Coraline by Neil Gaiman (YA Horror)



Neil Gaiman (Young Adult Fiction)

Coraline (not Caroline) Jones lives in a rather large house with her mother and father.  Because the house is much too big for just one family, she shares it with Misses Spink and Forcible (they live in the flat below) and the crazy old man with a big mustache (who lives in the flat above).  The day after she moves in, Coraline goes exploring.  She IS an explorer after all and exploring is what she does.  She explores the gardens, the tennis court, and even the old well (which is very dangerous so it’s best to stay away from it).  Soon, she begins exploring her house, which leads her to a door (which is kept locked), which opens up to a brick wall.  But one day, the brick wall isn’t there and Coraline decides to go through the door, because that is what explorers do.  It’s not long before Coraline realizes that she should have listened to the mice (in the flat above) and NOT have gone through the door.  Mice are smart.  At least they pronounce her name correctly.

Coraline is a wonderfully spooky and thrilling tale of a young girl who is clever, brave, and kind.  Her curiosity tends to get her into mischief, but a level head and a compassionate heart always seem to allow this little explorer to come out on top.

In his book, Neil Gaiman shows us different kinds of love.  There’s the I-love-yellow-Wellington-boots-in-the-shape-of-frogs love and the I’d-love-for-you-to-go-away-so-I-can-work love and then the I-love-you-so-much-that-I-will-give-you-everything-so-you’ll-love-me-too kind of love.  Throughout our story, Coraline deals with all of these:  her own love for quirky things; the love from her parents who often don’t seem to notice her; and the demanding love from a strange being that will go to any length in order to acquire and keep it.  The Ancient Greeks identified eight kinds of love.  Psychologists state there are seven.  For Coraline, there is only one kind of love and that is the love she has for her mother and father.  It is this love that gives her the will and the strength to fight against seemingly overwhelming odds and terrifying beings in order to find her way home again…and back to love.

Rating: 4/5

Posted: 10/2/2018

* Book cover image attributed to



Looking for Marco Polo by Alan Armstrong (J)

Looking for Marco Polo

Looking for Marco Polo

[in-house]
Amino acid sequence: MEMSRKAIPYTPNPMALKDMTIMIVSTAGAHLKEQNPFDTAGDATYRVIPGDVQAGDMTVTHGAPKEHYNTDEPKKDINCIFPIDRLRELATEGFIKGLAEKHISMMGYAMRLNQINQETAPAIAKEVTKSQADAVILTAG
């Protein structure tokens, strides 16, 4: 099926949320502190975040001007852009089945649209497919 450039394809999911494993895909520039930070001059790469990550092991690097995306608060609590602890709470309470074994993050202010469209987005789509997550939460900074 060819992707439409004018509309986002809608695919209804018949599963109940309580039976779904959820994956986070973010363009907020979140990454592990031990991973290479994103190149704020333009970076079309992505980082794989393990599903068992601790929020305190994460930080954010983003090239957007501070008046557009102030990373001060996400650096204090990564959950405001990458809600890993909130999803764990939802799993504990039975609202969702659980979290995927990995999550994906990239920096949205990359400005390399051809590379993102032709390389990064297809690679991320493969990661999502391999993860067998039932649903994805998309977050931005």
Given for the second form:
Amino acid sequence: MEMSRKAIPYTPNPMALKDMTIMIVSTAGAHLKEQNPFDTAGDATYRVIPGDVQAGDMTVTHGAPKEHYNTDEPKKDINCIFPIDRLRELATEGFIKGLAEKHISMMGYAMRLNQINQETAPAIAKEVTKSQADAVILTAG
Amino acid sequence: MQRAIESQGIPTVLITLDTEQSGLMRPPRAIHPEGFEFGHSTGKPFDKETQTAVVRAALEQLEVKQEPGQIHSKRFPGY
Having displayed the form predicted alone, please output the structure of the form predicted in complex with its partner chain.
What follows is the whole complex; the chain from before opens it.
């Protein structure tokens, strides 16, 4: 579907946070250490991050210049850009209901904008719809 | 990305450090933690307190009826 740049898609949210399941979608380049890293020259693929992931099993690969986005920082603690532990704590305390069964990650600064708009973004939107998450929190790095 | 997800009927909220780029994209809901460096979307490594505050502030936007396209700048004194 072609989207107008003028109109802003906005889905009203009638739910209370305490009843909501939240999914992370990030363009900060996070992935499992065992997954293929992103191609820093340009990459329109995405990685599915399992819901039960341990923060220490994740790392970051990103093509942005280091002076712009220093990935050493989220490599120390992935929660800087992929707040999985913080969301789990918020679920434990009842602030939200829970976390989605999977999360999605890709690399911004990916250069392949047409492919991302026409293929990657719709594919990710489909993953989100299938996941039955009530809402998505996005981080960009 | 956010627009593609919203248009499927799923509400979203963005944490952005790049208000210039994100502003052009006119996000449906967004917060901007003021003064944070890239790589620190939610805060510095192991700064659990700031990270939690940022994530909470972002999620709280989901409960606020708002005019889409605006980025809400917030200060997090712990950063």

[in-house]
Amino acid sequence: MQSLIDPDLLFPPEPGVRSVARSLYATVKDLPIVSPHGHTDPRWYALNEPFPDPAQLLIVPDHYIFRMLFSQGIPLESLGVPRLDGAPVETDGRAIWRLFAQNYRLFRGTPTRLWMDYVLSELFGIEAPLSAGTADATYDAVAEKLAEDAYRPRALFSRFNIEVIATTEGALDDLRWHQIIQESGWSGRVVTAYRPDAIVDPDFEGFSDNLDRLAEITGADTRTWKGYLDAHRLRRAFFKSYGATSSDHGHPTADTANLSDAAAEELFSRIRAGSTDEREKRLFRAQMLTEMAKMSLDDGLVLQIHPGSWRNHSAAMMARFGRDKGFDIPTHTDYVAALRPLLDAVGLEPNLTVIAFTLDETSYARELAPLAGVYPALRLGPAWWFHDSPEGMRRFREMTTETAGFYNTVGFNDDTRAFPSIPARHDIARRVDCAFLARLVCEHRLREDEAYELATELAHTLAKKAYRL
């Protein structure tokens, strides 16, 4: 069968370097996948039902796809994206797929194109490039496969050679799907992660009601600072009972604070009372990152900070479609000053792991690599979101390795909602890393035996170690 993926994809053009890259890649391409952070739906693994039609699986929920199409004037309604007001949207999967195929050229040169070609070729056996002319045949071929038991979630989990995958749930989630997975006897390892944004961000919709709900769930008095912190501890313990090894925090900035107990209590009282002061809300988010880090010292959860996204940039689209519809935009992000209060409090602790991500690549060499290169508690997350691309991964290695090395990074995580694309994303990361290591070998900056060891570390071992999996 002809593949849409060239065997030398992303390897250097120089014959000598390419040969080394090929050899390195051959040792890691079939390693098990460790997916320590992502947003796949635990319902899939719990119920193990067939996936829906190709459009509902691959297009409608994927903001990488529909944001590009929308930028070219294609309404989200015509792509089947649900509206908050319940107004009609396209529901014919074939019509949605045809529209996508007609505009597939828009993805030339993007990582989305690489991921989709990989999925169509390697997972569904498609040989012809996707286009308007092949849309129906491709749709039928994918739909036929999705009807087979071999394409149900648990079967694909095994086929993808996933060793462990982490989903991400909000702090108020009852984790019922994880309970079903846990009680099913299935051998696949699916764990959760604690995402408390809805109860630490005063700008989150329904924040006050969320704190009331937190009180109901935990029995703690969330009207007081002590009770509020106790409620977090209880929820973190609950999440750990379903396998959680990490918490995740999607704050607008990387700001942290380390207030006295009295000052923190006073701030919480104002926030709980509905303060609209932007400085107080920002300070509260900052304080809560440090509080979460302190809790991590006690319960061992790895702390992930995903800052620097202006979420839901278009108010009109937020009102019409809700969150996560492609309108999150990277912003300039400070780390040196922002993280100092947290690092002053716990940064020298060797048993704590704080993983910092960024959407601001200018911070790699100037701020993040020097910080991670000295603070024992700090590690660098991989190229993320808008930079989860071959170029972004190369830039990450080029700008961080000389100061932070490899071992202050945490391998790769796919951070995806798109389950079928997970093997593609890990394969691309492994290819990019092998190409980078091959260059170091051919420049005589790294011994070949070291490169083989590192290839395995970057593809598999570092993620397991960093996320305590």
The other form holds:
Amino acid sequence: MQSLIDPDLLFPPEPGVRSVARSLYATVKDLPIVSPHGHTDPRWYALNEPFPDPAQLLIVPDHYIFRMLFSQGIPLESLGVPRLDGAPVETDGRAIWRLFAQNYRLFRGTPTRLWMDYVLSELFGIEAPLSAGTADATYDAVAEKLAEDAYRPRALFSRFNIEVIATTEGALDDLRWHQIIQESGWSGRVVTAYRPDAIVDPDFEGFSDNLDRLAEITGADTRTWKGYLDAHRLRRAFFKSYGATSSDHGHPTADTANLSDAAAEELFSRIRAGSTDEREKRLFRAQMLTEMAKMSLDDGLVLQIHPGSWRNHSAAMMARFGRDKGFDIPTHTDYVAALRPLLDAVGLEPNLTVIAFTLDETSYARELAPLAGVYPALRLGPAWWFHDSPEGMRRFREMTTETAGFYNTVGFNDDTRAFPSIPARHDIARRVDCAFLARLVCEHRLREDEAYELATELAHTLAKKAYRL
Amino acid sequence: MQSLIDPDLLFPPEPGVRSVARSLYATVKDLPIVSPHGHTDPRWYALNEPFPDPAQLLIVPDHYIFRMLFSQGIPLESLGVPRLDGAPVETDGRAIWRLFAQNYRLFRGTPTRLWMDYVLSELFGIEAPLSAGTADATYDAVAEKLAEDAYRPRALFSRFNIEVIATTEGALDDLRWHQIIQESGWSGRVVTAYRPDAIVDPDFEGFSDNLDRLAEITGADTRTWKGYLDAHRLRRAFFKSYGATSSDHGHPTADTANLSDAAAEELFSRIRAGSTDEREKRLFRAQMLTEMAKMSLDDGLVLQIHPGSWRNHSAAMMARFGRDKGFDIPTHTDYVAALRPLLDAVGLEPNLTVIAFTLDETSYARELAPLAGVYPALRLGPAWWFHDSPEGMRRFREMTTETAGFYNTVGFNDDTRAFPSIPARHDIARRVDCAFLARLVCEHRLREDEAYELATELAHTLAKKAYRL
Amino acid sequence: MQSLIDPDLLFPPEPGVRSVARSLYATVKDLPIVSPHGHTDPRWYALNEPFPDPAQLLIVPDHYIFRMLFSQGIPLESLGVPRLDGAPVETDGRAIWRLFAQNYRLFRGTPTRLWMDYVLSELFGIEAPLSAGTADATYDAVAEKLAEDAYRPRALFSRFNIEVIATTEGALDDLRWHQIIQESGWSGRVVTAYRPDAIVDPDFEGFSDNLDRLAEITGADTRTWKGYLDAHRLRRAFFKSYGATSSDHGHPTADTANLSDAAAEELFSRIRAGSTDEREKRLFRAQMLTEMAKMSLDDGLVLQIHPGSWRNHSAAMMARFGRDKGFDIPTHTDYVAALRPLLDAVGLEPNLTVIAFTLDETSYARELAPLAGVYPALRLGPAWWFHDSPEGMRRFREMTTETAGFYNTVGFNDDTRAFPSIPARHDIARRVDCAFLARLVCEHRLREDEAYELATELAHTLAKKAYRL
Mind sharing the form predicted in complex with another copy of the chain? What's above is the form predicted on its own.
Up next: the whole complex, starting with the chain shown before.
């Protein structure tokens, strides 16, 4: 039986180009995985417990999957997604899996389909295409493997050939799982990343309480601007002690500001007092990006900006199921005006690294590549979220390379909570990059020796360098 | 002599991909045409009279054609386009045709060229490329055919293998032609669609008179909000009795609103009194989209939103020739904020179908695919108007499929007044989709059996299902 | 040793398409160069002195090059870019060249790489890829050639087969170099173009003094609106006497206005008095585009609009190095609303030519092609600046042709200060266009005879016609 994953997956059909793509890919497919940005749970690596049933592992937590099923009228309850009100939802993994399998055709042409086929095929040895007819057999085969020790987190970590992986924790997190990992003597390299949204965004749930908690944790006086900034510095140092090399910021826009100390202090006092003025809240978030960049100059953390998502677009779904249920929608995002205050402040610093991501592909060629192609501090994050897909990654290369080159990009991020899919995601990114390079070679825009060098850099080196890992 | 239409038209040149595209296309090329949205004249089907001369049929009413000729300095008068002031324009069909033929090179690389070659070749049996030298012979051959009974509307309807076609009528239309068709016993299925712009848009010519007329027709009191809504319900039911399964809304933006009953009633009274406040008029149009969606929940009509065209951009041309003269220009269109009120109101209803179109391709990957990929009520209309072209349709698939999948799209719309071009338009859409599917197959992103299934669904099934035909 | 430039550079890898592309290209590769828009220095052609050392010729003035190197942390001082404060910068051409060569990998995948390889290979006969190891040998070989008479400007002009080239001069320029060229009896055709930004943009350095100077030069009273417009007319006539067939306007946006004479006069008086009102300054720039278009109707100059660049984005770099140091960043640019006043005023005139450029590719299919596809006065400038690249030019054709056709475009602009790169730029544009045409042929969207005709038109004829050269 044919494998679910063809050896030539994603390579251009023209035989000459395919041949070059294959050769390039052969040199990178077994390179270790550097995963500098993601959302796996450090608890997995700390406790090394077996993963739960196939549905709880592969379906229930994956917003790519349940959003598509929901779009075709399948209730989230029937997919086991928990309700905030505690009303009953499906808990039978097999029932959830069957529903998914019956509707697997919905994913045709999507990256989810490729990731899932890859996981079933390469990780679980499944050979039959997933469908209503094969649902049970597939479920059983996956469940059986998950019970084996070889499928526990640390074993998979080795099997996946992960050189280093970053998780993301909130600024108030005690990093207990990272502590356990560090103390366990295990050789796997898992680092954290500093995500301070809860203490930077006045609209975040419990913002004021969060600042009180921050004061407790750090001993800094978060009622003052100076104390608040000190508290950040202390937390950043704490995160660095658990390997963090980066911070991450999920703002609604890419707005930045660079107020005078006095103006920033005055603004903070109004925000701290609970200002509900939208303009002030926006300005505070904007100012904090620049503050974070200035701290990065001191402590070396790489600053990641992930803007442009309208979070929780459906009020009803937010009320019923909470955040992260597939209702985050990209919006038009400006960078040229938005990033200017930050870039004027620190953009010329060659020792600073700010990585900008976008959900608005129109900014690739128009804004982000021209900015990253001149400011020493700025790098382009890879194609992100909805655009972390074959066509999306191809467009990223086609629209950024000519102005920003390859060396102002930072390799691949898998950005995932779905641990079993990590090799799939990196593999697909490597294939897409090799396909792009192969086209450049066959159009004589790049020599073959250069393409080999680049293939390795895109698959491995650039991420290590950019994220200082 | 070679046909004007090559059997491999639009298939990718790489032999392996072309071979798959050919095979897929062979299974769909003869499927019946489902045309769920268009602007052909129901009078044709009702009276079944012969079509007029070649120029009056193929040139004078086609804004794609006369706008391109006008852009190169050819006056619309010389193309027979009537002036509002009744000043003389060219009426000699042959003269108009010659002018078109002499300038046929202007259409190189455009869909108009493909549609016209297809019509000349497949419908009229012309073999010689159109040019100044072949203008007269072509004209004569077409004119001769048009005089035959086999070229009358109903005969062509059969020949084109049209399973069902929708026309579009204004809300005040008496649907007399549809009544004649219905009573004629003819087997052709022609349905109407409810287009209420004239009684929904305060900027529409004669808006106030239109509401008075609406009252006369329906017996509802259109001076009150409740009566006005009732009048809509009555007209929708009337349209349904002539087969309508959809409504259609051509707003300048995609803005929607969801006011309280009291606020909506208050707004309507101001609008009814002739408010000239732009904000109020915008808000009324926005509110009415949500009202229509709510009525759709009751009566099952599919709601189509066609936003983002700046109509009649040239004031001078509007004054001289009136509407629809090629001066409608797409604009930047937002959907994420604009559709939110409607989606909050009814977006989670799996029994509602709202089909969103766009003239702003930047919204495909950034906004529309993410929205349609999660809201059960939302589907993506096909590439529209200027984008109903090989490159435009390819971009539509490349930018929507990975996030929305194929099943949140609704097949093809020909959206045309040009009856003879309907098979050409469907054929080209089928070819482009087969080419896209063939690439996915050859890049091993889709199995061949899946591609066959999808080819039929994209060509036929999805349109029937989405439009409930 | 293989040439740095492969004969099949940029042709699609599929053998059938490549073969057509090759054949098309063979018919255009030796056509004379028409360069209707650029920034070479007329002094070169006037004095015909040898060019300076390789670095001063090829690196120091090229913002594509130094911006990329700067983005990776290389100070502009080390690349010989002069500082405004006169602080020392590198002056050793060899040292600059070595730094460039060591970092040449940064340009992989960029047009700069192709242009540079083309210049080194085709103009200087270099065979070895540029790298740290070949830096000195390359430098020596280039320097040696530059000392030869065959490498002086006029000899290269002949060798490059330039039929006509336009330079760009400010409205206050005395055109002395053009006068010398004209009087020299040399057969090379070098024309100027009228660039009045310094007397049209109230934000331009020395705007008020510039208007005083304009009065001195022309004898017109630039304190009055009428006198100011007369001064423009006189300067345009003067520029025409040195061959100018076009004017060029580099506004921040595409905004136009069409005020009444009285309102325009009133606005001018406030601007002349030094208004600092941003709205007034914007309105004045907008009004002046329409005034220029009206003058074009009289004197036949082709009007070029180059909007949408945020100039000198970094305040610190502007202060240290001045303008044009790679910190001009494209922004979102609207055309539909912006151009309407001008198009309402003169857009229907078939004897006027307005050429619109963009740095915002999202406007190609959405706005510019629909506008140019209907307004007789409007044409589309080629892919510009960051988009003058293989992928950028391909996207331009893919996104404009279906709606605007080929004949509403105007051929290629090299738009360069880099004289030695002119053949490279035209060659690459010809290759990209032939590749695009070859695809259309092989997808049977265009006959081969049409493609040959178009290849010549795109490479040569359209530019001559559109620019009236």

Alan Armstrong (Juvenile Fiction)

Mark Hearn’s father is a teacher of anthropology and about to embark on a trip to the Gobi Desert.  Like Marco Polo, he wishes to meet and live with the desert people.  Before leaving, he gives Mark a worn copy of The Travels of Marco Polo and says that he will be following the same route as the famous explorer.  Mark receives frequent letters from his father, but when correspondence suddenly stops, he boards a plane to Venice with his mother in search of answers.  Mark’s old paperback suddenly becomes a map, holding clues to his father’s possible whereabouts.

After Mark and his mother arrive in Venice, you can divide this book into two sections.  The first we can call “Sightseeing in Venice” as the reader is provided several famous Venetian landmarks, as well as a few notable Polo sites (his former residence and the church he visited on feast days).  The second half focuses on Polo’s time in China and could be called “My Many Conversations with Kublai Khan”.  Here, the story drags a bit as Polo describes to Khan his multi-year journey.  It also chronicles Polo’s travels throughout the Mongol Empire.

Armstrong describes his book as a work of fiction stating, “The spine of travel is somewhat as Marco described it, as are the ribs of the larger adventures.  The rest is imagined, but possible…”.  Although many parts of the book are indeed overly dramatized and romanticized, the main points are factual:  Polo did travel through much of Asia with his father and uncle where they met Kublai Khan; Polo was imprisoned and dictated his story to a cellmate named Rustichello de Pisa; and Polo’s book did serve as inspiration to many later explorers, including Christopher Columbus.

If you mention Marco Polo to your child and the first thing that comes to mind is a pool game, then Armstrong’s book would be a good introduction to the man.  Perhaps it might even inspire your young reader to find out more about this famous merchant, trader, and explorer.  In the meantime…Marco!  Polo!

Rating: 3/5

* Book cover image attributed to